Oh, I do love a reveal day. My childhood love of show-and-tell has turned into a real career obsession. I am so excited to show you the living room we designed for the Invitation Homes Make It Home Show House in Atlanta. After yesterday’s messy design fail post today feels like waking up from an “I lost my wallet in the airport” anxiety nightmare, only to wake up and realize that everything is not only fine but we are really, really happy with it. It’s almost entirely locally shopped, 80% vintage, pretty budget friendly, and yet still cool and interesting.
Large Black Vase | Round Mirror | Mobile via Antique Factory | Blush Table Lamp | Rattan-Wrapped Candleholder | Surf Shack Book | Stacked White Planter via Citizen Supply | Vintage Typewriter Table via Park West Vintage | Vintage Iron Coffee Table Base via Decades Antiques and Vintage | Vintage Lady Oil Painting via Highland Row Vintage | Ceiling Fan courtesy Schoolhouse
Since we didn’t have a homeowner, we got creative carte blanche. So to help us focus, we created a muse: someone whose style needs and wants we could channel. To make it easy, the EHD team—myself, Emily Bowser and Julie—volunteered to become the collective muse and designed it if we lived in Atlanta. When challenged with a budget, and only days of shopping locally, what would we buy for ourselves, our home? What would we put on the walls? What sofa would WE risk upholstering in JUST TWO DAYS??? We had SO much fun shopping for “ourselves,” and so it’s a real mix of styles, pieces and colors that, put together, we absolutely LOVE.
Alright. We like it. You get it.
Now, I’m going to walk you through what we did and what you guys can do whether you rent or own to turn your house into a home (which was the whole intention behind this show house…to create spaces that felt like “home” regardless of whether you’re a short-term or long-term renter, or even an owner).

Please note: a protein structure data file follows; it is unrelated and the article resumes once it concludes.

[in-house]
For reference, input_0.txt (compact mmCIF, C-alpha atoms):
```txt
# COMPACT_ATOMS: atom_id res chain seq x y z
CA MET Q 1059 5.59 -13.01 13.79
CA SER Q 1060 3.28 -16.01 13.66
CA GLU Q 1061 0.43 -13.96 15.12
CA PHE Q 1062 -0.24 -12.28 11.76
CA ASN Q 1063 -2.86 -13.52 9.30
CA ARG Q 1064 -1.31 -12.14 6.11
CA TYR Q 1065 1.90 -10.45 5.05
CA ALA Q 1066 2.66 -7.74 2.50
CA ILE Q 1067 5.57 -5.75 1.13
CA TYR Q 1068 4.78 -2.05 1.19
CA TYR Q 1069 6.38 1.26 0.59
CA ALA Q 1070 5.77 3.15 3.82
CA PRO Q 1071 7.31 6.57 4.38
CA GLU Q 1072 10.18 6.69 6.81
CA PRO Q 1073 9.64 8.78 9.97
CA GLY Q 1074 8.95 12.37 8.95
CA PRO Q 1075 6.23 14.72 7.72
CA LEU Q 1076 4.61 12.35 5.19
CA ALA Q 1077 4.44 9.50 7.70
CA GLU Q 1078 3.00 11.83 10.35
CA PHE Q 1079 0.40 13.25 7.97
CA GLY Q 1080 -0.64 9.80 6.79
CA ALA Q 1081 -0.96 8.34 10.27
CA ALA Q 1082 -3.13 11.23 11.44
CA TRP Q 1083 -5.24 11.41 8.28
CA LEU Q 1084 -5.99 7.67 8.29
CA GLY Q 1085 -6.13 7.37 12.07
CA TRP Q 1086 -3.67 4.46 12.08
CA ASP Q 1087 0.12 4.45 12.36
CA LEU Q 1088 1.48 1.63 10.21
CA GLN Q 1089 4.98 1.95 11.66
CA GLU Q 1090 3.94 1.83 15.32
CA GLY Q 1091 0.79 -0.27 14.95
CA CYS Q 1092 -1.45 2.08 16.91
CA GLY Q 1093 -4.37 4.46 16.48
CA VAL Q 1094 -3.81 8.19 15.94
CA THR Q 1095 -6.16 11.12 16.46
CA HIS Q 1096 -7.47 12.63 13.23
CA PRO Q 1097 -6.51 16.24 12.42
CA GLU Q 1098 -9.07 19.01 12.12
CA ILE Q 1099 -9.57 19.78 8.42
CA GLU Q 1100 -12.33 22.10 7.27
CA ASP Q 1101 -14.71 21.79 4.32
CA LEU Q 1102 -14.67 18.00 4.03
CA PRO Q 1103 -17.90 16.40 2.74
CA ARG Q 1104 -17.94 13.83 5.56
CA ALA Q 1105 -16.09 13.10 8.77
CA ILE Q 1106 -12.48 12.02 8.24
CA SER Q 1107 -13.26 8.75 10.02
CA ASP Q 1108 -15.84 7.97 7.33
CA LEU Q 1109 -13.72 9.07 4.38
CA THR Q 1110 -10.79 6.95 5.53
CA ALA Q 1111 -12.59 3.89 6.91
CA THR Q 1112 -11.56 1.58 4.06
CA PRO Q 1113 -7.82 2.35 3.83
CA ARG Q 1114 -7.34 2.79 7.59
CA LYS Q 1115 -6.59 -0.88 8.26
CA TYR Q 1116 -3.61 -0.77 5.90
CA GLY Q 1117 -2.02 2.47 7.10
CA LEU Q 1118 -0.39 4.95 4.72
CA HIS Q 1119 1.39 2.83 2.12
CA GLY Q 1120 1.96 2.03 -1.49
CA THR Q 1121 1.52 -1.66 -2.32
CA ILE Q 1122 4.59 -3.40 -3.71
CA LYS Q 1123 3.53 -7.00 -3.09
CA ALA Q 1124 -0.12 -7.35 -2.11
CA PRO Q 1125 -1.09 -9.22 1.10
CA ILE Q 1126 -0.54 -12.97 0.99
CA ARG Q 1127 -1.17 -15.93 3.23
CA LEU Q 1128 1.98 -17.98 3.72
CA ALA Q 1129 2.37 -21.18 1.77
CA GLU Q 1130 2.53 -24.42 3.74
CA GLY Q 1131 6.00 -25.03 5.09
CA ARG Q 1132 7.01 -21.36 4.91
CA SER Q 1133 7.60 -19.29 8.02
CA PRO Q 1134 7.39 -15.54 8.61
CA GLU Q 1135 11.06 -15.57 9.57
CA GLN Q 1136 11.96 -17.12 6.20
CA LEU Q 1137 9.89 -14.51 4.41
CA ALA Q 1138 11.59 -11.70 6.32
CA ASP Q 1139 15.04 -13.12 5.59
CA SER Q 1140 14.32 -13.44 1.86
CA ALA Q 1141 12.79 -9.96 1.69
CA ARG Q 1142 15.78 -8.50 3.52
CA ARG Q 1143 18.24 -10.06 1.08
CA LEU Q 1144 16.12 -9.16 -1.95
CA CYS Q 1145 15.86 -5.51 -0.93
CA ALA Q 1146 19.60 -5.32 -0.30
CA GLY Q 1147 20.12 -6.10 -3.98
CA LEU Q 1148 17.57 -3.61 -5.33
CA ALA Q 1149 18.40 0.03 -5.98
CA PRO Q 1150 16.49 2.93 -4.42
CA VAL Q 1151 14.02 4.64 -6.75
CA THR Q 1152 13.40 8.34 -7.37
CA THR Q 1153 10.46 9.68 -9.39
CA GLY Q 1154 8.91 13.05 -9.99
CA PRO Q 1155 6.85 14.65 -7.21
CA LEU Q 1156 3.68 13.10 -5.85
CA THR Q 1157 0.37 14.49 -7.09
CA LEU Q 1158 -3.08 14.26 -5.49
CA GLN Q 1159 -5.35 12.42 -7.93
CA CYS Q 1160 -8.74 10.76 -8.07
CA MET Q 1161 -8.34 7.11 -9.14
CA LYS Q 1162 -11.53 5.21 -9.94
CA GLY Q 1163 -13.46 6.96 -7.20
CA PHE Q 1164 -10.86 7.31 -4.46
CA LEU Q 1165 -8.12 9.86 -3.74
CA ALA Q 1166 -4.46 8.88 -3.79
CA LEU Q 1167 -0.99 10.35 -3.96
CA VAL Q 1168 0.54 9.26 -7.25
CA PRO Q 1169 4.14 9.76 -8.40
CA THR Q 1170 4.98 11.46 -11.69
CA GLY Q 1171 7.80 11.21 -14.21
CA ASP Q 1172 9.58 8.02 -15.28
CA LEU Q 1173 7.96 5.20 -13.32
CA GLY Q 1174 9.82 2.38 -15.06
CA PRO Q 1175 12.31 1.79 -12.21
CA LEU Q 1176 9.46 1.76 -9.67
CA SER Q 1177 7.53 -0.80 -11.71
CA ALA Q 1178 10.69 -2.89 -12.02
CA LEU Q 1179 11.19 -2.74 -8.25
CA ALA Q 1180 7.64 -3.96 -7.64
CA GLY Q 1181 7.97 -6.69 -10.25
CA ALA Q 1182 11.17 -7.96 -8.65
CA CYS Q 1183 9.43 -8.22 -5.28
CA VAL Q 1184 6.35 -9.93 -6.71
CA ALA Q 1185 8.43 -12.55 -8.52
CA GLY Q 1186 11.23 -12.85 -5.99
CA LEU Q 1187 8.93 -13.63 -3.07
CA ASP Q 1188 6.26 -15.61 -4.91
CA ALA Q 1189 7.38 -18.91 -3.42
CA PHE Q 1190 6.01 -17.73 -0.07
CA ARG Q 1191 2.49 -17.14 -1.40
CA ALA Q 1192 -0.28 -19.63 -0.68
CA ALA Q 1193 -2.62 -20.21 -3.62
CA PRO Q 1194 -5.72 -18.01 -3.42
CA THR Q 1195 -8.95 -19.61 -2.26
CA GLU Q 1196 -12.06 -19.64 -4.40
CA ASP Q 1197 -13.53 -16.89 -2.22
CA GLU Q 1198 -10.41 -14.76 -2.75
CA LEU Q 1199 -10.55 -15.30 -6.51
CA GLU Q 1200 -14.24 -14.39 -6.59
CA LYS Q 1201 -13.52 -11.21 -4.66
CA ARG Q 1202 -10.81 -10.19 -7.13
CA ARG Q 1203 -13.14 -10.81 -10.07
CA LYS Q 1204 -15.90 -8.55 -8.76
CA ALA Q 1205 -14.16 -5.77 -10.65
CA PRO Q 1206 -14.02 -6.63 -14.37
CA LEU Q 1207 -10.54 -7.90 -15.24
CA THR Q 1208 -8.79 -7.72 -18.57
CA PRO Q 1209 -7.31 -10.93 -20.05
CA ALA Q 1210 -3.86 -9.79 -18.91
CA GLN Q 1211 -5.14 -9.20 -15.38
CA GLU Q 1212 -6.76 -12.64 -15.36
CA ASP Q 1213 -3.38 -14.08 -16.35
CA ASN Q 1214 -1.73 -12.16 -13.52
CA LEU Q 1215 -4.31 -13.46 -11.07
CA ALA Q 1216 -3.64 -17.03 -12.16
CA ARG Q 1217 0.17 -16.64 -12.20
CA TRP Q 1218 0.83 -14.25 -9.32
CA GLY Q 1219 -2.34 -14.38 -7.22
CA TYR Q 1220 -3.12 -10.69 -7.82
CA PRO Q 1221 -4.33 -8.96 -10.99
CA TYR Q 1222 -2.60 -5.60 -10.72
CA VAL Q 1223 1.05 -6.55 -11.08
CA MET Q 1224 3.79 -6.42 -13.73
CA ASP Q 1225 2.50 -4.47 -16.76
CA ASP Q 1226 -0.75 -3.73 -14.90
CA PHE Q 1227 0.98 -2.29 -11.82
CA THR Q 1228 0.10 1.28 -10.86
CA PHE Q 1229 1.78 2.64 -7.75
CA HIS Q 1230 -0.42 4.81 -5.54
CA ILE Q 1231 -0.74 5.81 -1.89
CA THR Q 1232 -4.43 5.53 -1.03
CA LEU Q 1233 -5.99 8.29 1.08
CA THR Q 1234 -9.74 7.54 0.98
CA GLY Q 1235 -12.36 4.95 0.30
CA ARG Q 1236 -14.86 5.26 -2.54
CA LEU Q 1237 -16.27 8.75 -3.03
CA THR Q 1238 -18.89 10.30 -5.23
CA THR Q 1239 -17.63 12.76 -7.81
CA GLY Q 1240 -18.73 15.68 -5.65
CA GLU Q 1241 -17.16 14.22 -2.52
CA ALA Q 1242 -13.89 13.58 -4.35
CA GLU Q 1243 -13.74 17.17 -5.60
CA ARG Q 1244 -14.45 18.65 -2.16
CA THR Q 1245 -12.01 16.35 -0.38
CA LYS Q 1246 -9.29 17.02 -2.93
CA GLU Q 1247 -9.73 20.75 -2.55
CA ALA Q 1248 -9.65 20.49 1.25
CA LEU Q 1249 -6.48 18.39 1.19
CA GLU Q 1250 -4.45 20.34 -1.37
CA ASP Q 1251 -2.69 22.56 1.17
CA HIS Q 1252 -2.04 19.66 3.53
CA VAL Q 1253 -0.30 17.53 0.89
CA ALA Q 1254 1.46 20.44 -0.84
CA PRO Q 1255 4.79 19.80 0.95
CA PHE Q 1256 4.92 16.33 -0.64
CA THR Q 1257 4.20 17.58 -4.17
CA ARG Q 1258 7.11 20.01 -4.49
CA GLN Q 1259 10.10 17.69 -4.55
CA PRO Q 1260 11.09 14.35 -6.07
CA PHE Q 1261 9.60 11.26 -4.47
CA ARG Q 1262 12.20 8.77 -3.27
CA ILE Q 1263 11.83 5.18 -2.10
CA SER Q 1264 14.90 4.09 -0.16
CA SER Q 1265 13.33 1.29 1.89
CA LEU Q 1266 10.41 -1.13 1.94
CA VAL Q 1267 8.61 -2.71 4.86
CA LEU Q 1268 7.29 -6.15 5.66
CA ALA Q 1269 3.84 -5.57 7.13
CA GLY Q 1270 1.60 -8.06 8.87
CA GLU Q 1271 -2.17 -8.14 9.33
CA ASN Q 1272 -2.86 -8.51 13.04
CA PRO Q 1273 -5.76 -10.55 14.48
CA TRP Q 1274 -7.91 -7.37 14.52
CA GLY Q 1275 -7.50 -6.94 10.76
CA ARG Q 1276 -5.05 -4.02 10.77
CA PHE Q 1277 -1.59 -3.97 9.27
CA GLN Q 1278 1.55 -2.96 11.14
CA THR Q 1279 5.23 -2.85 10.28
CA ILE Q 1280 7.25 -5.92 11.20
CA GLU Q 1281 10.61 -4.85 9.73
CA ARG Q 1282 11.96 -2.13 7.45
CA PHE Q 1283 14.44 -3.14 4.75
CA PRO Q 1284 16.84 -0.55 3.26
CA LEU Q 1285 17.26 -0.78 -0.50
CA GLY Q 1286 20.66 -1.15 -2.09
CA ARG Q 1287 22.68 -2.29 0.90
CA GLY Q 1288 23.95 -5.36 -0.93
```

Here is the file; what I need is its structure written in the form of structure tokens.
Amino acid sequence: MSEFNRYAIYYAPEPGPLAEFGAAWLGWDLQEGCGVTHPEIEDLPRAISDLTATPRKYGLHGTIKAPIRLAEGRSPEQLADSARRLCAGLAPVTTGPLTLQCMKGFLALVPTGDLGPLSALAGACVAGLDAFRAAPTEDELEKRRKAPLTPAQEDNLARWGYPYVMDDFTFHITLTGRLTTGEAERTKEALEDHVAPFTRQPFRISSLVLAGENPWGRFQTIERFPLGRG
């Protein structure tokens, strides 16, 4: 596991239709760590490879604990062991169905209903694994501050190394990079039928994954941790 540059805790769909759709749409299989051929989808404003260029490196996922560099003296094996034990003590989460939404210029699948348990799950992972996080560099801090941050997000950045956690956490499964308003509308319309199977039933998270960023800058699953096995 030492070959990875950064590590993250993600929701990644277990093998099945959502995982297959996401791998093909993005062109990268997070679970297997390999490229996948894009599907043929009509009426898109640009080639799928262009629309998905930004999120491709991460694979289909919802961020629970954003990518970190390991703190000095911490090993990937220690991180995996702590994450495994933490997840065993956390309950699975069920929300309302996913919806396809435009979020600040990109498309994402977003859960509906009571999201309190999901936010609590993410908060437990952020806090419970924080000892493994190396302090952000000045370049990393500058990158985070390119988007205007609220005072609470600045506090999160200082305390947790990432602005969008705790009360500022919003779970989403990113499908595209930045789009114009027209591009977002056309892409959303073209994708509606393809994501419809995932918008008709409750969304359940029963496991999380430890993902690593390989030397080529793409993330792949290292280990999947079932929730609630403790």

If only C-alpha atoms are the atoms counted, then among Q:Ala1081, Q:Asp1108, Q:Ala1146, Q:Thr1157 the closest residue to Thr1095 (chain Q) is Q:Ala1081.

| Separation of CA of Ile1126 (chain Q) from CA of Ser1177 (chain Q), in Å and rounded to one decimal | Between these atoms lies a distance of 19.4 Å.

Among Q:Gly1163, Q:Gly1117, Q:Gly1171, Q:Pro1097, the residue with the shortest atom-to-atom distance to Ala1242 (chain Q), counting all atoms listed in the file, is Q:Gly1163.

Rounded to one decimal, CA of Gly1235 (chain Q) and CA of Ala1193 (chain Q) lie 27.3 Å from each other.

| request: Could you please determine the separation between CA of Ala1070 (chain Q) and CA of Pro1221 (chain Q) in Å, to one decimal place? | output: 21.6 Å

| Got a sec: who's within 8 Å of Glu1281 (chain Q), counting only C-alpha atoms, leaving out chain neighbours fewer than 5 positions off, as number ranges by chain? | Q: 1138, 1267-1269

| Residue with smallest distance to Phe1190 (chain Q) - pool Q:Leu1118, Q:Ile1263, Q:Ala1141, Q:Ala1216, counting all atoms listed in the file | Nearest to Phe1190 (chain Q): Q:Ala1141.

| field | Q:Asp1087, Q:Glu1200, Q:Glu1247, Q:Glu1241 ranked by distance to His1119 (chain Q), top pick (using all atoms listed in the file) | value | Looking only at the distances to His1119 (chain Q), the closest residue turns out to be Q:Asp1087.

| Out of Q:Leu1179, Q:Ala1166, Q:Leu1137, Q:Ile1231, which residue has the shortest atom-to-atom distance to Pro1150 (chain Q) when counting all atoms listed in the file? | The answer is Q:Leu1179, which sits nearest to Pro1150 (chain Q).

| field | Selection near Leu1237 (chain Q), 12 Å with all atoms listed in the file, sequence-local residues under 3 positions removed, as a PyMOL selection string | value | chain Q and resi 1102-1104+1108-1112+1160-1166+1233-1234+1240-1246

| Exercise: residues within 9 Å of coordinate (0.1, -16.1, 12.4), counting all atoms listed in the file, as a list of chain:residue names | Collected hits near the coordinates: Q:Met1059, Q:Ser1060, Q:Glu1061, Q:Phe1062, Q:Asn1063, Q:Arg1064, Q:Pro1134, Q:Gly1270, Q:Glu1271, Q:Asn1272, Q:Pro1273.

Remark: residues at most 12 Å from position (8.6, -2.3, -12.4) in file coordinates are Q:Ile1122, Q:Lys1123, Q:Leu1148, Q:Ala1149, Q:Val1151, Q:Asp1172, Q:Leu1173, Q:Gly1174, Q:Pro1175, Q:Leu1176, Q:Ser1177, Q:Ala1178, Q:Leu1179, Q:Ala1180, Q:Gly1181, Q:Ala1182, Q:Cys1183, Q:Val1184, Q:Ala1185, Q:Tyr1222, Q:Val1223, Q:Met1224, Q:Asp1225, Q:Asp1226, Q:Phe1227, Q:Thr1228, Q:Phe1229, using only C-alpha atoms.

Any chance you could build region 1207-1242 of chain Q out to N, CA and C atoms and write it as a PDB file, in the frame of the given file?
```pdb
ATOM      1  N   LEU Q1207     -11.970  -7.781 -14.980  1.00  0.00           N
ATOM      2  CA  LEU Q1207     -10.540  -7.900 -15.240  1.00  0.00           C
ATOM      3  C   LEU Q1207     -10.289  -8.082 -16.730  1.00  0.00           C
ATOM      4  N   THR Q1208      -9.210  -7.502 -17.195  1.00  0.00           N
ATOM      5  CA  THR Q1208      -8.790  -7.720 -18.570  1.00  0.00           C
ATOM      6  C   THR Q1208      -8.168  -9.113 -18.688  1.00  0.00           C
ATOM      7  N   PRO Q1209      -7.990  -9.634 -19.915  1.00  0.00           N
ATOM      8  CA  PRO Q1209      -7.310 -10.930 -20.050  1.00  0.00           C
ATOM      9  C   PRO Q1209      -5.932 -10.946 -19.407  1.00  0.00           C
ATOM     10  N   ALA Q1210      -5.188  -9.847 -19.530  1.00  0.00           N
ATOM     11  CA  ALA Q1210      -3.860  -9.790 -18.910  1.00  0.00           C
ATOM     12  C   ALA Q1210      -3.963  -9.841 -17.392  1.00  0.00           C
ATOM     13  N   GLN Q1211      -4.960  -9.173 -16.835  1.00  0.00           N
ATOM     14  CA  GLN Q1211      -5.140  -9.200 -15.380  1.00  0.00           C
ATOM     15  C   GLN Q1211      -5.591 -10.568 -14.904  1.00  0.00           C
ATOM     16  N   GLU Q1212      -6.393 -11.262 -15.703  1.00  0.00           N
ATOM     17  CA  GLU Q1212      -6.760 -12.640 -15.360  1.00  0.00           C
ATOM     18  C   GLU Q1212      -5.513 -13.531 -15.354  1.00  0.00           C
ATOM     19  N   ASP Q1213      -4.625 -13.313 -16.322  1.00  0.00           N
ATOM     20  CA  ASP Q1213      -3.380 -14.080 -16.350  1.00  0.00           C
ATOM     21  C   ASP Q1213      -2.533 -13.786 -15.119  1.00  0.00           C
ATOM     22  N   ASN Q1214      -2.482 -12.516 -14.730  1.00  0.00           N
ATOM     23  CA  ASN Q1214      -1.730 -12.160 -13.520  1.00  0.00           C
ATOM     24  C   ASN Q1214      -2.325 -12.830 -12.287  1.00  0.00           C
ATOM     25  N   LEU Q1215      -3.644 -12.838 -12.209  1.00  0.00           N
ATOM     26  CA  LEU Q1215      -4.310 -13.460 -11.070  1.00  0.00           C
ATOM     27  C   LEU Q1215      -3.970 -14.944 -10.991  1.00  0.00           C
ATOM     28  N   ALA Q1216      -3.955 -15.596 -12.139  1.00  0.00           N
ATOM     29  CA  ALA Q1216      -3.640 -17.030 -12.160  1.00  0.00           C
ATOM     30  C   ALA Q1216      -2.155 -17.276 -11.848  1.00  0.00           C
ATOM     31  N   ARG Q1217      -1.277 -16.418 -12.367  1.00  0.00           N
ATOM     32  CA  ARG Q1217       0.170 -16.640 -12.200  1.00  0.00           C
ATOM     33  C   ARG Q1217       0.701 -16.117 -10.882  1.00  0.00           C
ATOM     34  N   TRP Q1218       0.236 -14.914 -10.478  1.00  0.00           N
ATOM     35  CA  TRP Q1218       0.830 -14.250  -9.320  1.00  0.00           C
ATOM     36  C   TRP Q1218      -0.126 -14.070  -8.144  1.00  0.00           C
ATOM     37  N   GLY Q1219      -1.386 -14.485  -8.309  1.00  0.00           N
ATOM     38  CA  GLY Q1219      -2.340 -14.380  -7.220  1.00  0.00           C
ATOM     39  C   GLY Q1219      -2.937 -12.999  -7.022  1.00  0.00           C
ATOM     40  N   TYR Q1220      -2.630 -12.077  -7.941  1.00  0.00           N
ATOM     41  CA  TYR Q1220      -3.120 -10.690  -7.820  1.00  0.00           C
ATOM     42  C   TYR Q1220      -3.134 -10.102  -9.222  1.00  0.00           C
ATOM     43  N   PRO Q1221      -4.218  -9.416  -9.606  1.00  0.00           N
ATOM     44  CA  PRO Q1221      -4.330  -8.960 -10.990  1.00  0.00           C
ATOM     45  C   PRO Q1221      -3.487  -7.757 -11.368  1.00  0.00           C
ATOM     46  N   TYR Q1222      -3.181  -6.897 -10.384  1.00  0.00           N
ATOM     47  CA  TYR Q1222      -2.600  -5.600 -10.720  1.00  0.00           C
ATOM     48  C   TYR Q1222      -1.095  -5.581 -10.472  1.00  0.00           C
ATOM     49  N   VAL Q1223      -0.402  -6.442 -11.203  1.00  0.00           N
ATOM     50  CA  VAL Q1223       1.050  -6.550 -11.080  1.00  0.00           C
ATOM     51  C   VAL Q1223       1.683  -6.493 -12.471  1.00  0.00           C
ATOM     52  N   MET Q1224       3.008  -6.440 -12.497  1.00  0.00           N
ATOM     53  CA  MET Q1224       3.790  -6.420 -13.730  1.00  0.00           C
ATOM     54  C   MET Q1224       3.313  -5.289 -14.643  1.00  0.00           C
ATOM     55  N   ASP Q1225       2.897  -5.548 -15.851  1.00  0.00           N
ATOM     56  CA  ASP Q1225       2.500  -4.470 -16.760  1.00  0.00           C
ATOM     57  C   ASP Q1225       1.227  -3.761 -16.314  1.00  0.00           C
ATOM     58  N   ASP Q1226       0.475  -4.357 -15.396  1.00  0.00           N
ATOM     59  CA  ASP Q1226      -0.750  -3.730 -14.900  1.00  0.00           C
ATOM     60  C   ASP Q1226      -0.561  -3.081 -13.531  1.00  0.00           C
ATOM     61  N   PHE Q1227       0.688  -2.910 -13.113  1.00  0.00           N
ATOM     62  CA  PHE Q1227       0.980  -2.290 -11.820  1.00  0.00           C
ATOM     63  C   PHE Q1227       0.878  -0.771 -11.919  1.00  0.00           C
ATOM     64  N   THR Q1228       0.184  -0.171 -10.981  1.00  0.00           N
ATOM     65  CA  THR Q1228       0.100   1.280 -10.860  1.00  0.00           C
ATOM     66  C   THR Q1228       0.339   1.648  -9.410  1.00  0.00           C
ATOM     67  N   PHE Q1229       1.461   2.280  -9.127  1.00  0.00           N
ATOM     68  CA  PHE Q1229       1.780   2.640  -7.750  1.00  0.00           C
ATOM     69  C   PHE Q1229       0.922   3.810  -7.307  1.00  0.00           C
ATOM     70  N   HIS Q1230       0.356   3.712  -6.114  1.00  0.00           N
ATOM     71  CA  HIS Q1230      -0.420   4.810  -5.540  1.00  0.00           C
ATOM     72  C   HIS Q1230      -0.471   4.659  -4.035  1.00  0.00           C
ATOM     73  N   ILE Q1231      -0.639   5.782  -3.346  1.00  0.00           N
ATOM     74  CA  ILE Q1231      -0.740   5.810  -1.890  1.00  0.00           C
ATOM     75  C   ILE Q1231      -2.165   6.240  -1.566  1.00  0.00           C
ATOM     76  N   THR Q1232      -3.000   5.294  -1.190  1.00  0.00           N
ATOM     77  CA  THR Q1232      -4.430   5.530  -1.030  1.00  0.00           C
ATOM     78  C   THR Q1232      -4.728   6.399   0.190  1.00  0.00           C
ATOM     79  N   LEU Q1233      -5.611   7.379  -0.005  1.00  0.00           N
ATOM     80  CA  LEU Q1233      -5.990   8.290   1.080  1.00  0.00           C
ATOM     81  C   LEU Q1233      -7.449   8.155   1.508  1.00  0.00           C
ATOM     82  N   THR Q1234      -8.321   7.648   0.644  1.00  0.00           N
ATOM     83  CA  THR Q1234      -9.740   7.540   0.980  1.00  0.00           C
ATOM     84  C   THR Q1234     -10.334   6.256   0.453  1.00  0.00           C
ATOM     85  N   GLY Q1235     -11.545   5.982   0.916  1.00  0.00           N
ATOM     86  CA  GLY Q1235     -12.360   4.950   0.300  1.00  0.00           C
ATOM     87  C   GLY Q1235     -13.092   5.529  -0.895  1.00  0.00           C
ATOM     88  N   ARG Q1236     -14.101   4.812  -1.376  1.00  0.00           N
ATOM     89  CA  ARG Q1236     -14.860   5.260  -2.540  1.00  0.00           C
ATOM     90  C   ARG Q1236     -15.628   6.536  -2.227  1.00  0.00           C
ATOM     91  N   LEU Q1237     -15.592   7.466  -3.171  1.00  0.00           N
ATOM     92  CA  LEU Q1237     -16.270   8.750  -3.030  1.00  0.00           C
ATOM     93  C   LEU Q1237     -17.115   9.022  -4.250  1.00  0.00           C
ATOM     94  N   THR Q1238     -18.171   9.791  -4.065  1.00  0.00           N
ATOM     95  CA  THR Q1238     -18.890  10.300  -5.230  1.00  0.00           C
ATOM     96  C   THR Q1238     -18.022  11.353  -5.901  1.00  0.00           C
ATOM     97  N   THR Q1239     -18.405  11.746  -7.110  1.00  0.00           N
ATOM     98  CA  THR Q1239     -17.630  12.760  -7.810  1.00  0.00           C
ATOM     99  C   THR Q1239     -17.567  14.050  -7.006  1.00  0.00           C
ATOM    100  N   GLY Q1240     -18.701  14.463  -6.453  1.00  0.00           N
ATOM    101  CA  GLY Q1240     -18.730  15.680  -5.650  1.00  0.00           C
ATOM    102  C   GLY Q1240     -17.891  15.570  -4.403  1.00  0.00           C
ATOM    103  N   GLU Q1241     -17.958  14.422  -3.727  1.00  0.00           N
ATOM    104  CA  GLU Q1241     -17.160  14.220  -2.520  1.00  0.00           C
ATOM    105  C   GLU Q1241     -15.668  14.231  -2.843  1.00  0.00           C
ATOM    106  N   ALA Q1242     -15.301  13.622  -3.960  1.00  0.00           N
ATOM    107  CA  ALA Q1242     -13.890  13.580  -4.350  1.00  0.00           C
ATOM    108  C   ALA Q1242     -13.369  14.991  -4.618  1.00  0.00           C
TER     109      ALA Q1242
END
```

The Color Palette:
We added life to this white space with the blue and clay palette and a broken stripe rug we sourced through Lulu and Georgia.
For renters, most homes that you lease, you can paint if you paint it back to the original color (though be sure to double check with your landlord as some leases have STRICT no-paint policies) so while it’s okay to paint, if you are fine with white, then I say stick with it and add color through your furniture and decor. We chose this clay and blue/turquoise combo, of which we haven’t done before but we LOVE. If you aren’t into this color combo and wondering where to start, then choose something that you love (a color you are comfortable being around all the time) and google “color wheel.” You’ll want to pick a color on or near the opposite side of the wheel to balance (orange—or in our case, clay—is a direct complement to blue). Then you pepper those colors evenly around the room. A trick to make sure you don’t end up having a room that looks like a kindergarten is to vary the hues a little. We didn’t go straight orange and blue here, but instead used the two colors as a guideline and slid around the color spectrum a little within those two areas.
Personal Art is the Best:
Vintage Sofa, Squiggle & Lady Print via Highland Row Vintage | Round Pillow | Green Lumbar Pillow | Striped Lumbar Cover | Clay Pillow | Pink Throw | Rug courtesy Lulu and Georgia | Blue Vase | Mint Side Table | Black Sconce | Vintage Magazine Holder Side Table via Park West Vintage | Wood Box & Floor Lamp via Decades Antiques and Vintage | Wall Display Box | White Frames | Black Float Frame
Art is probably the most difficult thing for people to commit to. There is a strange amount of pressure to have it represent us. While there are a lot of good online art options out there, too often we either don’t buy anything and the walls remain empty OR we buy something generic just to fill the walls.
We wanted to show people how they can create meaningful art by putting heirlooms, collectibles, or souvenirs into ready-made frames. If it’s two dimensional (paper) and special to you, MAKE IT ART.